Used to be you could easily reinstall Windows or format a hard drive. I'm having system issues on two computers, and I just want to reformat and reinstall XP on the desktop. I get the error that the version I have on disc is older than the installed system, so I can't move forward with the install process. Okay, so I'd like to just reformat the drive and reinstall XP. Is there an easy way to do it? I've looked at the slipstreaming methods and I don't know if I'm up to that task, my skills are becoming vintage. Could I just pull the drive out, install it as a slave in another computer and reformat that way? Any other ideas? Very frustrated in wasting an evening that I had hoped to just reformat/reinstall and accomplished not a thing. I don't believe that I can even do a repair install due to the error. I uninstalled SP3, but that had no effect on the error message. Thanks for any help.
That's what I was hoping to do, but when I stick in xp, I start the process of installing Windows but get the error message 'the version you are attempting to install is older than the current version installed' and I can't proceed any further. I uninstalled SP3 in order to dial it back, but I still get the same message - hence my frustration. I own two copies of XP and can't use either one!! I think the easiest thing might be to take out the drive and install it as a slave elsewhere and just simply format it...not sure if this would even work. Any way around this or a better solution?
There may be another route to force this that you can do with a Windows Install disk. BUT this depends on the Partition structure. What I propose is that, at the very beginning of the Windows Install process, there should be a screen right after you specify what disk to install on. It will warn you that the disk has data in Partitions on the disk and ask if you want to proceed to DESTROY all that? Now, IF you know there is only the one Partition on this disk and you really don't want anything on it, you can have Windows Delete all exiting Partitions on the disk and start from scratch. Then it can establish a new Primary Partition, Format that, and do the Install for you.
Like I said, this only can work if there is NOTHING you want on the disk, anywhere. You really cannot Delete a Primary Partition while leaving other Extended Partitions on the disk.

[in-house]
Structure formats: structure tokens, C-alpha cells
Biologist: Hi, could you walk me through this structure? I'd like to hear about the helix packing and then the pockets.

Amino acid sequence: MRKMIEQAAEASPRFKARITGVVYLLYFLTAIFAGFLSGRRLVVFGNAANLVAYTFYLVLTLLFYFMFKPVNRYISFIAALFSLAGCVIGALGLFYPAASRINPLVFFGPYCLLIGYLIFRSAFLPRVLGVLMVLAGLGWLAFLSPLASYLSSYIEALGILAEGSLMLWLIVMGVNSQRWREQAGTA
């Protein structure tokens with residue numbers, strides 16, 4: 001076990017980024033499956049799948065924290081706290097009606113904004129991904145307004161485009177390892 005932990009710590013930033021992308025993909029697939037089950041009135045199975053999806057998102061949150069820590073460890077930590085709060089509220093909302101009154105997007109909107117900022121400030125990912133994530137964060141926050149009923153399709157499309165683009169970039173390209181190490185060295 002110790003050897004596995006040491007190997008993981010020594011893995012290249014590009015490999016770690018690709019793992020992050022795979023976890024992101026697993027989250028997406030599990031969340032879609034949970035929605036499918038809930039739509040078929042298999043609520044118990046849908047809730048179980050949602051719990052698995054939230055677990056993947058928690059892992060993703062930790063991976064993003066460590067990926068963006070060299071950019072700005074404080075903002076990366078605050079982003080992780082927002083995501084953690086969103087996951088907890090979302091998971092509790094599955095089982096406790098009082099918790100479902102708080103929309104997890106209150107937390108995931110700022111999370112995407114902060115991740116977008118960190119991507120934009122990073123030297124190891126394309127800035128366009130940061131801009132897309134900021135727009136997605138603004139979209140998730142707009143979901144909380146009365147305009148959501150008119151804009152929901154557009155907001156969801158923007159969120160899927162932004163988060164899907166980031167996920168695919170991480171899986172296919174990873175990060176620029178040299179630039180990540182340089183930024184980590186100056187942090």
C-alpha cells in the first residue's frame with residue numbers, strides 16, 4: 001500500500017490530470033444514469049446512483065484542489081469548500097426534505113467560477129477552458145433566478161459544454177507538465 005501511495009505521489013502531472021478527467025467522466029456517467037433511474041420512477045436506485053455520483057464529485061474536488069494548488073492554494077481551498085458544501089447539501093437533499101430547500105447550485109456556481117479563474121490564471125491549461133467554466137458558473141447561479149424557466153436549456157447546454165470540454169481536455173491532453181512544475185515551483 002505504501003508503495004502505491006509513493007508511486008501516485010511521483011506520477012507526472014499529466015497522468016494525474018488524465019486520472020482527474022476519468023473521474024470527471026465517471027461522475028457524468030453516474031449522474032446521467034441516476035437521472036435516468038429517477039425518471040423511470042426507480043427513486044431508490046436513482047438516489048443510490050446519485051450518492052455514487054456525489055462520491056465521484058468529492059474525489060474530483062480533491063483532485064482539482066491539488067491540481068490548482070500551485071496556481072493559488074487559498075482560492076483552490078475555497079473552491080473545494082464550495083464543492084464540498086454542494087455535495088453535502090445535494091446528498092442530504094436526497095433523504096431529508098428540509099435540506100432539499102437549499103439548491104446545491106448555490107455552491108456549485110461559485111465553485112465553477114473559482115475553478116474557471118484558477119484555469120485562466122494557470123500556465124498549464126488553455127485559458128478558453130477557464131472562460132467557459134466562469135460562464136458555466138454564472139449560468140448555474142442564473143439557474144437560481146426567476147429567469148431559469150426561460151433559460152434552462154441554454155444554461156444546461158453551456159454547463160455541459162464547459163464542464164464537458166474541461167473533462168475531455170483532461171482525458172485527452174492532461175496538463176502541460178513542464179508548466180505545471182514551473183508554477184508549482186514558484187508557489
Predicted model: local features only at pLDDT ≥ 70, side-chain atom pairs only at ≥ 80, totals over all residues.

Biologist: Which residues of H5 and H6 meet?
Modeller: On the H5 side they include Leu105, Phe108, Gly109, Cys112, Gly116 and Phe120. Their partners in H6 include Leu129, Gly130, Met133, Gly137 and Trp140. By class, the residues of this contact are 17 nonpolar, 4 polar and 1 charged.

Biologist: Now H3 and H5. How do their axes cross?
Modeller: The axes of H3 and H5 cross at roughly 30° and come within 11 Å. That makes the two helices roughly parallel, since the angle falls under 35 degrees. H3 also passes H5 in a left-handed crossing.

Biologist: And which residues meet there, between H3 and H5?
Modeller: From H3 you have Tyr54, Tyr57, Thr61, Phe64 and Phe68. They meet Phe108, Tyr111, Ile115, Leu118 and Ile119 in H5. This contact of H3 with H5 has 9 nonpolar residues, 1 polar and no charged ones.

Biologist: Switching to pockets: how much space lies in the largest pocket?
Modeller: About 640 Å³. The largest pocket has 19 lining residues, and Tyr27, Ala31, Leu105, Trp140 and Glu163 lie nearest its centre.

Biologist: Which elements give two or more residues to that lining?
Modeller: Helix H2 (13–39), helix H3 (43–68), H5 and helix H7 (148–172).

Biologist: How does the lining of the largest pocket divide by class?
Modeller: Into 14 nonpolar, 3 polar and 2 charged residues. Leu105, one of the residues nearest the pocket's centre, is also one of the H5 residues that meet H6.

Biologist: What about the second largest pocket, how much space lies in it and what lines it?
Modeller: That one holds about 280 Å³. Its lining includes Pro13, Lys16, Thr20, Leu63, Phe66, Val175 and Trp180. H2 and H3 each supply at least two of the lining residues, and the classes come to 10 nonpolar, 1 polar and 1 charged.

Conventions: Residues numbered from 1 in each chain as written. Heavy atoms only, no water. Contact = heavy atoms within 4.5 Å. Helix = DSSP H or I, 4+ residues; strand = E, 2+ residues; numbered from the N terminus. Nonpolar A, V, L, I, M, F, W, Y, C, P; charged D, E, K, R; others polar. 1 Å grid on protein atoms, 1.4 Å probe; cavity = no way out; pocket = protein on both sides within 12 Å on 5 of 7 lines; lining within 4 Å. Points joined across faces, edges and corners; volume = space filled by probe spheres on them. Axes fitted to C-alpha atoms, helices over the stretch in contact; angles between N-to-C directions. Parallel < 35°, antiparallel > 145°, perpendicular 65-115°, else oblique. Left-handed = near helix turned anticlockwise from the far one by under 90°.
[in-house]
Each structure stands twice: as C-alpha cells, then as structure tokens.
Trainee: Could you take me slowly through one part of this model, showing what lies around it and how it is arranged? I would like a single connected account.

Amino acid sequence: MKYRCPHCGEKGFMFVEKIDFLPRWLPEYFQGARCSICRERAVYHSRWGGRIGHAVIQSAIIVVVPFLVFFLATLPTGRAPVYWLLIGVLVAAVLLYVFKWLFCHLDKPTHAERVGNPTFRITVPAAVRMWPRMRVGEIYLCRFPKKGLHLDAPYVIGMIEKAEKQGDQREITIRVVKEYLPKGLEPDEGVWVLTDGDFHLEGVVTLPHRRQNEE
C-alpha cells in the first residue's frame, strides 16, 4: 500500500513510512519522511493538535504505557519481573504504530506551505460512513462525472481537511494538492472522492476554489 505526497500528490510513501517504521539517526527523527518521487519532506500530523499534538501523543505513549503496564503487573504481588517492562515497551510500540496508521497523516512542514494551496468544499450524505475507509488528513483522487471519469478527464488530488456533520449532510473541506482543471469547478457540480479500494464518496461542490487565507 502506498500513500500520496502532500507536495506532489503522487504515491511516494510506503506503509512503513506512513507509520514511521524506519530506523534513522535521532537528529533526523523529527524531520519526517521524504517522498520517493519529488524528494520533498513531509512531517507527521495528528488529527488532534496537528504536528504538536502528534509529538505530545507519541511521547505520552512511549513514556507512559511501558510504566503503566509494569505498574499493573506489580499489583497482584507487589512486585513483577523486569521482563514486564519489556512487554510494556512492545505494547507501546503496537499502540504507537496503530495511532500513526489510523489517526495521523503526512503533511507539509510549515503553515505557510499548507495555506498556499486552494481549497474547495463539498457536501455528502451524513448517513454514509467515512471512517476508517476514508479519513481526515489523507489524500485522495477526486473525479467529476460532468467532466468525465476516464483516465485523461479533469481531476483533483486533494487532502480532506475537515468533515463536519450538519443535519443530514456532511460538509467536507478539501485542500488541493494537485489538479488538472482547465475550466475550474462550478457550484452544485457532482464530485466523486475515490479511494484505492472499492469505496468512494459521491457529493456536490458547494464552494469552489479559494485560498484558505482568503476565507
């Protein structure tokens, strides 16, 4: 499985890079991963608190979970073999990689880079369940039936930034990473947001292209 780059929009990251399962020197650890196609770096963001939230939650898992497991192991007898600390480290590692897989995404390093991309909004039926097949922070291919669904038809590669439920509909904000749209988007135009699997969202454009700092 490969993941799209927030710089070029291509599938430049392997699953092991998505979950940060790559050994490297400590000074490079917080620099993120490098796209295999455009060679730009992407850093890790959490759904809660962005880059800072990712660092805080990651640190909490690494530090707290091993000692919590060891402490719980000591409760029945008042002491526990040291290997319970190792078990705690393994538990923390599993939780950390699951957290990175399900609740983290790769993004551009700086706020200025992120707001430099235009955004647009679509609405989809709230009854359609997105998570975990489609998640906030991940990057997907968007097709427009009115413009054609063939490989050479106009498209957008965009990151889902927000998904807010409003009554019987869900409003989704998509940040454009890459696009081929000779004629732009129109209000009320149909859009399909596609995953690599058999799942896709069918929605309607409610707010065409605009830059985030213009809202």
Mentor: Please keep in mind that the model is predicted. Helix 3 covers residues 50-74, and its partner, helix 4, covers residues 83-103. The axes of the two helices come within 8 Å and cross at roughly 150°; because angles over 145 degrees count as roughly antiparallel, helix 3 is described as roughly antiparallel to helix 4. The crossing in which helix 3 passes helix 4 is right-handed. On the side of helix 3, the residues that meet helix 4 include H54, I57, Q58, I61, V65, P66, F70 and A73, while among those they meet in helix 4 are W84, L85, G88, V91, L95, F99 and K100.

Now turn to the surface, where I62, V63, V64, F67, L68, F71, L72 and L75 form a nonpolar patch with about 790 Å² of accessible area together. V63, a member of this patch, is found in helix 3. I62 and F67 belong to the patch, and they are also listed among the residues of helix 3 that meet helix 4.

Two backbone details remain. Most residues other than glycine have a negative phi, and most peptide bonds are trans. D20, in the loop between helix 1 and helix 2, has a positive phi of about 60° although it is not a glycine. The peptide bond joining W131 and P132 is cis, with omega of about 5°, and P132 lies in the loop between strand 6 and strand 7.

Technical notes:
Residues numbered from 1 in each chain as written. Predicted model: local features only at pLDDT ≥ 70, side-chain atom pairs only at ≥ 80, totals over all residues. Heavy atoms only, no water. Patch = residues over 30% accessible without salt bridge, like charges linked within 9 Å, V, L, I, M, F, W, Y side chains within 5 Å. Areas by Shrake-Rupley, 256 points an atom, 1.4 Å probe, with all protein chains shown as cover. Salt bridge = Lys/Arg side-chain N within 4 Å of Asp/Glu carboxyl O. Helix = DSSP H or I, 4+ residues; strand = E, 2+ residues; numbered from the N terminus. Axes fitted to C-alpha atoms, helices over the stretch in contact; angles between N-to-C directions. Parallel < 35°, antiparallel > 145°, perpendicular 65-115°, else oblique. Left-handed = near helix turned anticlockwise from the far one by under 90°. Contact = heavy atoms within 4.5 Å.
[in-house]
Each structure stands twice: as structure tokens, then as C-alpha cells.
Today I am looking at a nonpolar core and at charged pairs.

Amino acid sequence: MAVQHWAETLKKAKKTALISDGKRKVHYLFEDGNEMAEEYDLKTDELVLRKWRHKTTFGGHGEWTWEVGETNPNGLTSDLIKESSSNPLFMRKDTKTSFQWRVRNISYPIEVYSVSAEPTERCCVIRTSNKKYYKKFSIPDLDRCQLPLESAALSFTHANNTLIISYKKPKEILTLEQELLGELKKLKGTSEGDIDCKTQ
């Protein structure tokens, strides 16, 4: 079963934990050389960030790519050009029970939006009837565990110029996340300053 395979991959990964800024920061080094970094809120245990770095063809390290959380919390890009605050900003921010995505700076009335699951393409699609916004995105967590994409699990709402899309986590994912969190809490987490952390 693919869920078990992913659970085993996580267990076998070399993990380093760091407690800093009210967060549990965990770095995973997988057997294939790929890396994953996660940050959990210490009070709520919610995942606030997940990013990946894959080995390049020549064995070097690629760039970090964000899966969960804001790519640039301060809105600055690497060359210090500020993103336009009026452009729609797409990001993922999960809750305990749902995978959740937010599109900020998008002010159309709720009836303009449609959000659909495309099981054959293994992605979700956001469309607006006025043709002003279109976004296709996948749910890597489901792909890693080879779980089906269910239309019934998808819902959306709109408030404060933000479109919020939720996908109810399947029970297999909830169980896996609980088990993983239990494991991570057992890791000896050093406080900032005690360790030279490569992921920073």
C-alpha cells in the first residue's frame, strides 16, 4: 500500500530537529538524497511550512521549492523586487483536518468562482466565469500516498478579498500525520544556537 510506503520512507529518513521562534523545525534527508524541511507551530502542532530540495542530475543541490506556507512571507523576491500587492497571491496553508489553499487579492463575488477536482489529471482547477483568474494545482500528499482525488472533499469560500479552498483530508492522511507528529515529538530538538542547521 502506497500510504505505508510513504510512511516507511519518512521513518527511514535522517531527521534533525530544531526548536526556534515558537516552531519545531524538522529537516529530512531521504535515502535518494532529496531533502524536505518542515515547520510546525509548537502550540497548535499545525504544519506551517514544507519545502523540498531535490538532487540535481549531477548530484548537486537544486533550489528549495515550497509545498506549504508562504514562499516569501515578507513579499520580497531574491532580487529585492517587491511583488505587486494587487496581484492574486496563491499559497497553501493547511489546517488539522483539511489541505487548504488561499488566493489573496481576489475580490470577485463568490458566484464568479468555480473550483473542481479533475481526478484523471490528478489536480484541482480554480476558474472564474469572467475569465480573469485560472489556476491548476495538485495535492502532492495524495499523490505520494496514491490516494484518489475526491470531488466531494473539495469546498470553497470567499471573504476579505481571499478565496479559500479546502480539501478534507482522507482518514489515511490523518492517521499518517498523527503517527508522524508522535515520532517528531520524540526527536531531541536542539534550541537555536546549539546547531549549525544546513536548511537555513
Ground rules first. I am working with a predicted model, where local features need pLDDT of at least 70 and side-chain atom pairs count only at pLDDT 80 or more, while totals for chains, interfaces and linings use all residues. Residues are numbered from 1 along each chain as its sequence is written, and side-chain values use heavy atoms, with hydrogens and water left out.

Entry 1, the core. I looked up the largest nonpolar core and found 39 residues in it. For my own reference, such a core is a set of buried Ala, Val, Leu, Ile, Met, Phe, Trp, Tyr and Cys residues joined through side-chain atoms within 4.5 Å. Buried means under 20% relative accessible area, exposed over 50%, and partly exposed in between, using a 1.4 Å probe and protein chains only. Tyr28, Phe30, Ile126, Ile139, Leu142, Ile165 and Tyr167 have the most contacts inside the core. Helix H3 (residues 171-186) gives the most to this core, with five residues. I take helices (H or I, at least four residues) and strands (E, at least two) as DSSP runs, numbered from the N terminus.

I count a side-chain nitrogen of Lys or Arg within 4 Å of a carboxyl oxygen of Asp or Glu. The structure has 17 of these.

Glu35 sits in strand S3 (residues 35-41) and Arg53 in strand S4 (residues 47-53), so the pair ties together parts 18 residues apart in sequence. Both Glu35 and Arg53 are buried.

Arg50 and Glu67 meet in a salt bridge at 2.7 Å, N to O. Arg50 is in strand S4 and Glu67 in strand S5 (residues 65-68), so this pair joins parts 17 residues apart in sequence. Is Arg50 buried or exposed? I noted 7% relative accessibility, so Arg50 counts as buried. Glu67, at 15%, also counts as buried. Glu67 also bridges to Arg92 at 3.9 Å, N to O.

You also should be aware of disk size tricks. First, check your two different XP Install disks. If either of them includes SP1 or higher, you can use it and forget the rest that follows here. IF you are trying to install Windows XP in its original version (that is, without any of the Service Packs included in the Install Disk) or any earlier version of Windows, it will NOT be able to make any Partition over 128 GB. So if you are doing it this way on a larger disk, you will end up with Windows installed on a 128 GB Partition (you can choose to make this smaller, even) and the rest of the space will be Unallocated. After updating to a current version of the OS you will be able to use that Unallocated Space to create another partition to use as another separate drive, but you will not be able to add this space to your boot C: drive without resorting to third-part software. HOWEVER, as long as you have XP with any Service Pack installed on your Windows Install Disk, or a more recent version of Windows, this is NOT an issue at all, so forget this paragraph!.
when I stick in xp, I start the process of installing Windows but get the error message 'the version you are attempting to install is older than the current version installed' and I can't proceed any further.
It sounds to me like you are inserting the CD while the old system is up and running. Shut down the old system, insert the CD, and boot from it. You should have the choice to overwrite the old OS.
Thank you all...I changed the boot order in the BIOS and it's working...I've lost hair over this simple problem. I really appreciate the help. Once this is done, I'm going to do the same thing to an old laptop that's hosed - thanks so much!!